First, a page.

Hard to tell from that angle and lighting but I think it’s a male White-faced Meadowhawk (Sympetrum obtrusum). At least it looks like one I photographed a while ago.
Red tailed dragonfly? Do y’all get the large blue ones that look like helicopters in flight?
Probably not. I’d call it a dragonfly.
Hard to tell without context (where? when?) and a slightly out of focus picture but it could be an adult male Brachymesia furcata, indeed.
Looks more like a Damselfly.
The context is Northern Minnesota in October
I would say Sympetrum as well.
It’s definitely a dragonfly. Damselflies hold their wings vertical when at rest, dragonflies spread them out. No idea of the exact species, though.
Ok, October fits, but northern Minnessota? That´s would be very far from home! Normal geographical range is in the most southern states of the USA. Some of these states seem to have a severe drought and this aridity may have caused such an unusual far north sighting but I think B. furcata is out.
That far north in October a Sympetrum sp. (vicinium? Does it have a small triangular kind of thorn at the bottom of the tail and yellowish legs? If it has such things and has a reddish abdomen, too, it is a female of that species. If the form of the hamule fits) is more likely.
You may try bugguide.net which has a very large collection of geographically annotated and correctly identified (see comments to the respective pictures) images. I used it to crosscheck my guesses but it is hard to search there without any first guess. You may take a look at http://bugguide.net/node/view/191#id for how hard it is to identify Anisoptera. I was probably a bit too bold to try my new fresh new and obscenely over-priced teeth at it
As far as I remember http://www.dragonflies.org/ has a kind of checklist but that site seems to be off (got only time-outs for the last half hour).
Christoph, good questoins… Aaron Brees is saying it’s Sympetrum obtrusum
It’s a red-tailed dragonfly ! Lots of pictures and information when you put it into Google. I make Insect themed jewelry and have been looking at Dragonflies a lot in order to create them in Silver. Hope this is helpful.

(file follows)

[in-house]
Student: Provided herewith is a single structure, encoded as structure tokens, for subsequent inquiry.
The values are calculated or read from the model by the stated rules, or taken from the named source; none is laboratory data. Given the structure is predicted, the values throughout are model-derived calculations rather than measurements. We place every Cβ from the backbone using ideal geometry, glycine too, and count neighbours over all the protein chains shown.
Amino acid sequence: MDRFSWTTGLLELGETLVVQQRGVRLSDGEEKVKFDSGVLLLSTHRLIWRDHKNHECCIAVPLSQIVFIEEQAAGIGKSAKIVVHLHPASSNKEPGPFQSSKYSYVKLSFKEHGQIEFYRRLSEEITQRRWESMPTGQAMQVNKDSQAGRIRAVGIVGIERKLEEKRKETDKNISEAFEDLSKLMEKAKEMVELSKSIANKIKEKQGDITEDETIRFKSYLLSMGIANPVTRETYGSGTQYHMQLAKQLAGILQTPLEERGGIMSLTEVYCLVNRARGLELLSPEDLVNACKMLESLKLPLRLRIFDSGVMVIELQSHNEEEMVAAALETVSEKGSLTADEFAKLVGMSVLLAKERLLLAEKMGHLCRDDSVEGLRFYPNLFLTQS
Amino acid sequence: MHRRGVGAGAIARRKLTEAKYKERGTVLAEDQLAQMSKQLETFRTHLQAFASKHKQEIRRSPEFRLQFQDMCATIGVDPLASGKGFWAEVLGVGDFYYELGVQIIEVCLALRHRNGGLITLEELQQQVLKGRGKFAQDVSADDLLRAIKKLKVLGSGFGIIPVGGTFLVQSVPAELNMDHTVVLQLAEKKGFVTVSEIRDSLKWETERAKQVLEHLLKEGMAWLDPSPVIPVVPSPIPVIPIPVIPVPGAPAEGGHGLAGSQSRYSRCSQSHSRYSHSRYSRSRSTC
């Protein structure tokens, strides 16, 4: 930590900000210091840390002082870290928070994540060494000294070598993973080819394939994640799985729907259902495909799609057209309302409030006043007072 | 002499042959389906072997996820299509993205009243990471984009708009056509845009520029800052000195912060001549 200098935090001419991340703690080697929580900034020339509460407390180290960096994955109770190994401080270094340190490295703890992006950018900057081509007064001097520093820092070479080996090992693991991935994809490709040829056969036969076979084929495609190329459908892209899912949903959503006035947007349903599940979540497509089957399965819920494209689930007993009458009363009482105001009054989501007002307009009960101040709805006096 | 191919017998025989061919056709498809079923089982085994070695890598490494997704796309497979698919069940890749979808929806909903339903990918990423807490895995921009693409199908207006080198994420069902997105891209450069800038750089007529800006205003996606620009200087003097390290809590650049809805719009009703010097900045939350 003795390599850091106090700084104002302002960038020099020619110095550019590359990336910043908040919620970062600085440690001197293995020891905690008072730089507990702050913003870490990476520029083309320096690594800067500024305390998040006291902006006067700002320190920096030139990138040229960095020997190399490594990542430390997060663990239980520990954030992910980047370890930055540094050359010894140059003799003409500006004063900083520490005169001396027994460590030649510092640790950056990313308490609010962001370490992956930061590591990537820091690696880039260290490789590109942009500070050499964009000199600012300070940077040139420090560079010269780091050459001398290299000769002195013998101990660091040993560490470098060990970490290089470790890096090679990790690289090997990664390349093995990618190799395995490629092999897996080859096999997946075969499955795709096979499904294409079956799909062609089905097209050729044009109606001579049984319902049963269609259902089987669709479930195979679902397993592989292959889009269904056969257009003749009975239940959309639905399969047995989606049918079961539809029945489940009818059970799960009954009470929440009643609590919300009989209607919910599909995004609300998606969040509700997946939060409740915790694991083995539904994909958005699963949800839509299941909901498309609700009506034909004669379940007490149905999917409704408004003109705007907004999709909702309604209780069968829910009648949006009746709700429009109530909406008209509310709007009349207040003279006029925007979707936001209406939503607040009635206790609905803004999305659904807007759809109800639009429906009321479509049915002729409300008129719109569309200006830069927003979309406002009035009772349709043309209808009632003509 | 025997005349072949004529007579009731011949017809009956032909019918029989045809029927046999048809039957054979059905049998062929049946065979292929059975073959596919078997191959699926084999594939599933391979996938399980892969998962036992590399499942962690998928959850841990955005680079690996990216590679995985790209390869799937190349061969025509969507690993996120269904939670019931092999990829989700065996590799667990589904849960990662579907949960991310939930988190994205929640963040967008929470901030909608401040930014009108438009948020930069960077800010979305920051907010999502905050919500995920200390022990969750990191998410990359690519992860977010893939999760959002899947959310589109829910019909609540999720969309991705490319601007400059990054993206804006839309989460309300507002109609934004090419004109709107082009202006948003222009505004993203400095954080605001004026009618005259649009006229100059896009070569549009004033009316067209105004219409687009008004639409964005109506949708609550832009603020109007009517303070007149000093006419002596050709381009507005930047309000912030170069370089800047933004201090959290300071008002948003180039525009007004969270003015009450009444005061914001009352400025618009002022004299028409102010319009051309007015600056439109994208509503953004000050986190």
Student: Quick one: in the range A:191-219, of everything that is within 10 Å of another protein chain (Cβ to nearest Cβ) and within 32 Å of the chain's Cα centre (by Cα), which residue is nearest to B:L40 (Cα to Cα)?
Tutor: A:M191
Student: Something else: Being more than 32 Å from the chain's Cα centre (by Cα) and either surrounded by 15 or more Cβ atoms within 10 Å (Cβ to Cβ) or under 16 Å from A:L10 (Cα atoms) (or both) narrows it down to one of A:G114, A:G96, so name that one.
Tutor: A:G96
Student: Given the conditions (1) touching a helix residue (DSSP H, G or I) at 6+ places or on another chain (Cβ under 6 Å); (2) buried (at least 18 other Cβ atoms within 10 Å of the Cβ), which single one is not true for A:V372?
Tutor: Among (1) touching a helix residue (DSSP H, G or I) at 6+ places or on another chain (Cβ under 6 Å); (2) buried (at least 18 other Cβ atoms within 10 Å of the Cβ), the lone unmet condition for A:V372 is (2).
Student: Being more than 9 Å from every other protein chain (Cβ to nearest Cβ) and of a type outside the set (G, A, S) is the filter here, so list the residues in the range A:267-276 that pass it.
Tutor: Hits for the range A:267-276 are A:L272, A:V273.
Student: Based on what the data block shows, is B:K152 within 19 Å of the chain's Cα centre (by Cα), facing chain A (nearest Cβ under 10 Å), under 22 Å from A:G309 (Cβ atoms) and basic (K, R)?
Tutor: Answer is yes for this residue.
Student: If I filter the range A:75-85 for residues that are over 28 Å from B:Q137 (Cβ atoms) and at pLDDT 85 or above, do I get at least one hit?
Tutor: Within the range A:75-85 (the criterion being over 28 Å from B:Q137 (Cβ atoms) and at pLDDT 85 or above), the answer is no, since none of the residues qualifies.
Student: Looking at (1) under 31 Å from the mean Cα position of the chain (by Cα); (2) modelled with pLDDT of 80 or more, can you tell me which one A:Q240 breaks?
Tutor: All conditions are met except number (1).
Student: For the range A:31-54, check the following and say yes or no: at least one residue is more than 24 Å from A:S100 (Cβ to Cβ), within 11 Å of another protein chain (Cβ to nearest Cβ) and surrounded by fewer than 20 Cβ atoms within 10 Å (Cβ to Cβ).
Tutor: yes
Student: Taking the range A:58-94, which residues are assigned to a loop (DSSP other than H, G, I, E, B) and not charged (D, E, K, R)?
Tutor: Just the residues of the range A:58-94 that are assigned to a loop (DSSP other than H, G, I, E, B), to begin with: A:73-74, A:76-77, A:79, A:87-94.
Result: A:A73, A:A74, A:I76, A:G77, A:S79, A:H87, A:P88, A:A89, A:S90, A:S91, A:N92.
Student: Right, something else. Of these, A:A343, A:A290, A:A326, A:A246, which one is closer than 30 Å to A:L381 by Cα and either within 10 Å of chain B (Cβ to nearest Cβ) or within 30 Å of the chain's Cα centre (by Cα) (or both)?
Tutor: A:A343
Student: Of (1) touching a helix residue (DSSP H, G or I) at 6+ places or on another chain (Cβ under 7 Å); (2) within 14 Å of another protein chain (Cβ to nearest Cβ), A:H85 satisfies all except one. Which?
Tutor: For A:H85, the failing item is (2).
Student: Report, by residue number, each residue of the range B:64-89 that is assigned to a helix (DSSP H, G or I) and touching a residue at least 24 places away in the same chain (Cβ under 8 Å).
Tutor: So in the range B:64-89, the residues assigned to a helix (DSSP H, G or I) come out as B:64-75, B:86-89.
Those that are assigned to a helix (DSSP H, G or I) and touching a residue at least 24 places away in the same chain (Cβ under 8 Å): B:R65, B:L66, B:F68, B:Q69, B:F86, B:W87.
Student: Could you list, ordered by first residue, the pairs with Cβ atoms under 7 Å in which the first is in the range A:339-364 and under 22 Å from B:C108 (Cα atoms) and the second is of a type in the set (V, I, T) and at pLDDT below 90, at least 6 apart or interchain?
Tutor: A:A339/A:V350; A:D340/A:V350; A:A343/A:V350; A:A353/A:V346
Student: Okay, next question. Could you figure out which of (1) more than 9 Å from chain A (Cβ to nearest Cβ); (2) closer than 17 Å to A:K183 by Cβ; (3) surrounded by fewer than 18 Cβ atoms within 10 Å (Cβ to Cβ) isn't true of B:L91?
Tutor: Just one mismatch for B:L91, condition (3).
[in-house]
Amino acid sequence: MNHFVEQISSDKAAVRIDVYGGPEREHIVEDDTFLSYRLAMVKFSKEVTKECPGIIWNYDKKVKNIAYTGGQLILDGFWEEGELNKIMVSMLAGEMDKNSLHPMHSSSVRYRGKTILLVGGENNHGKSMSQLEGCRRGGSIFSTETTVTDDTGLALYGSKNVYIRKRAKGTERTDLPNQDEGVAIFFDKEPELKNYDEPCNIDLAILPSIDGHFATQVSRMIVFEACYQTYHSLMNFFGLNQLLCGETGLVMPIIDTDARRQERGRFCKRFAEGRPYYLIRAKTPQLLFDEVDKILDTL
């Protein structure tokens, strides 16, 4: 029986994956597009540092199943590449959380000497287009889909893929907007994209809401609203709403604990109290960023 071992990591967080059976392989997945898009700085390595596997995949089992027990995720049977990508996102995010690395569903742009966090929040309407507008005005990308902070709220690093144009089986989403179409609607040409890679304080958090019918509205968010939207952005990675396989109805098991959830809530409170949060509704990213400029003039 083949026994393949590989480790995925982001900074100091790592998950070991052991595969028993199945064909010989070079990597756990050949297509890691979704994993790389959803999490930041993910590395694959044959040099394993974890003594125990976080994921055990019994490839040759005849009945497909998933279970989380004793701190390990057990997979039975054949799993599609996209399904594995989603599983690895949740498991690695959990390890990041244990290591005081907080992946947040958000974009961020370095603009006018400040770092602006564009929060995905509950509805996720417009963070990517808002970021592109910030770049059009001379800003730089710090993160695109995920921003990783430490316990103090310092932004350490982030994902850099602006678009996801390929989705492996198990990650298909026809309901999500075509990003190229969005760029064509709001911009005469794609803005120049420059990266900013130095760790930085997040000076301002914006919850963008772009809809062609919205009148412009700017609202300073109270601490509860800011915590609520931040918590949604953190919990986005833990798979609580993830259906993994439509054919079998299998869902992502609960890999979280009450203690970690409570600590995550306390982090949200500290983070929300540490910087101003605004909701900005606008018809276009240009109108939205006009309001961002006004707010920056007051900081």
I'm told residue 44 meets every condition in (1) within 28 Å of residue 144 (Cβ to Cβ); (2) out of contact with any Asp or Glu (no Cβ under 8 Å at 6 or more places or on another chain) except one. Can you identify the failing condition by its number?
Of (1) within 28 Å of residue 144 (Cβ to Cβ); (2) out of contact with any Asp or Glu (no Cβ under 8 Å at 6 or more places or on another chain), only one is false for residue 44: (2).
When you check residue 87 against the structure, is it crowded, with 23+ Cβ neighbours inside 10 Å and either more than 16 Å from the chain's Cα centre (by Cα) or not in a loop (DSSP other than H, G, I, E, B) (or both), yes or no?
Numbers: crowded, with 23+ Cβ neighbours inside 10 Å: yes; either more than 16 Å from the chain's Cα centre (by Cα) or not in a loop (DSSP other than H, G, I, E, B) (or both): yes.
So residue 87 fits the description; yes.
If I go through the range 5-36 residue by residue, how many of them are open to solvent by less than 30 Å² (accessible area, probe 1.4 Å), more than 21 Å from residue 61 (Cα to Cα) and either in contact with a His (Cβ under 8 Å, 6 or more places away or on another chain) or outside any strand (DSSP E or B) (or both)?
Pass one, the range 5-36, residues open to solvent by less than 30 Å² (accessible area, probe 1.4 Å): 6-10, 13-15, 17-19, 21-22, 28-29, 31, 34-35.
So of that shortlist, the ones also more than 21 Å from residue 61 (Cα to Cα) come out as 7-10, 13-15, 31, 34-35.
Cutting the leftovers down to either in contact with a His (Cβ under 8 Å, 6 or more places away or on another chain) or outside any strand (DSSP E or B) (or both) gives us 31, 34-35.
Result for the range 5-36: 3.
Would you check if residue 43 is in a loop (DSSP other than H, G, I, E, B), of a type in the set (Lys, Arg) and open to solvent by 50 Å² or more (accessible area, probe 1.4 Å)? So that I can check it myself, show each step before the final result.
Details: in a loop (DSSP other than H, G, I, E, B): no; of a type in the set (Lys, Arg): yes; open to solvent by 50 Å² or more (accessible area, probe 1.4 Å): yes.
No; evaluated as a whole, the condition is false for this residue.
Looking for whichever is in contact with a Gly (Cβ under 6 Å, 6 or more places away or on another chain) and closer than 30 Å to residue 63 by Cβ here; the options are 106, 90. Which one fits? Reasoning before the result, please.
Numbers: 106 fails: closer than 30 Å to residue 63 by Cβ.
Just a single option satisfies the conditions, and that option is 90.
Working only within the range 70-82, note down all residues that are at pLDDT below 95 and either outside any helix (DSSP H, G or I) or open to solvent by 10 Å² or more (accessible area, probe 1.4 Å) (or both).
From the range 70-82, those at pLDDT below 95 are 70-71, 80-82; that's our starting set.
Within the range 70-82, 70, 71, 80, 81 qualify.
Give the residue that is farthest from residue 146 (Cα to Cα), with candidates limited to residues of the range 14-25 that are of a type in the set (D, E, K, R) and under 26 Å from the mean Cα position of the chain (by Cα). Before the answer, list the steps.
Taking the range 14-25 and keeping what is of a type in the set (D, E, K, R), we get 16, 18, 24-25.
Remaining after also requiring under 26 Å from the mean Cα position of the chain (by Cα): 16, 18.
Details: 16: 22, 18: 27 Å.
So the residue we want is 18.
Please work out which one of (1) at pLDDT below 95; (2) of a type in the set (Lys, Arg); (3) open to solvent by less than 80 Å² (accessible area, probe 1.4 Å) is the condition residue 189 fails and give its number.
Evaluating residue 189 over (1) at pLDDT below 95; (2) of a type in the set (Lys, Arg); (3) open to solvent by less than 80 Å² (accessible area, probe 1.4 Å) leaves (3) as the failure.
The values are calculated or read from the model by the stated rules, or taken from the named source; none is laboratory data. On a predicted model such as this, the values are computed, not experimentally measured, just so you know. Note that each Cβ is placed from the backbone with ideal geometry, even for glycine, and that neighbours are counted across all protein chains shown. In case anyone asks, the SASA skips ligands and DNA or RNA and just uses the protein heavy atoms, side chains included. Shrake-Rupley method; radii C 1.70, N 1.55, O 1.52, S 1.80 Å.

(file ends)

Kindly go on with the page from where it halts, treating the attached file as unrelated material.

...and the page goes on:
What, you wanted something more specific?
Christoph Zurnieden wrote: “As far as I remember http://www.dragonflies.org/ has a kind of checklist but that site seems to be off (got only time-outs for the last half hour).”
The Wayback Machine has its last snapshot on 30 June. Prior to that it appeared at least once a month throughout this year.
Aaron Brees is an authority here, so S. obtrusum it will be.
S. obtrusum has a distinct white “face”, which means I asked many questions but not the right one, as it seems
Oh, and dragonflies.org is off-line? Sad, it was a good source. But at least it has been archived.
that insect is Charlie. he owes me money.
Did I really say that it was S. obtrusum??? Christoph’s suggestion of Sympetrum vicinum is certainly correct. Terrifying that anyone would call me an “authority” on these things!
Current ye@r *
Leave this field empty
Notify me of follow-up comments by email.
Notify me of new posts by email.
Notify me of followup comments via E-Mail.
A novel by Greg Laden ...
Read my posts on climate change and related topics.
Enter your email address to subscribe to this blog and receive endless notifications of new posts by email.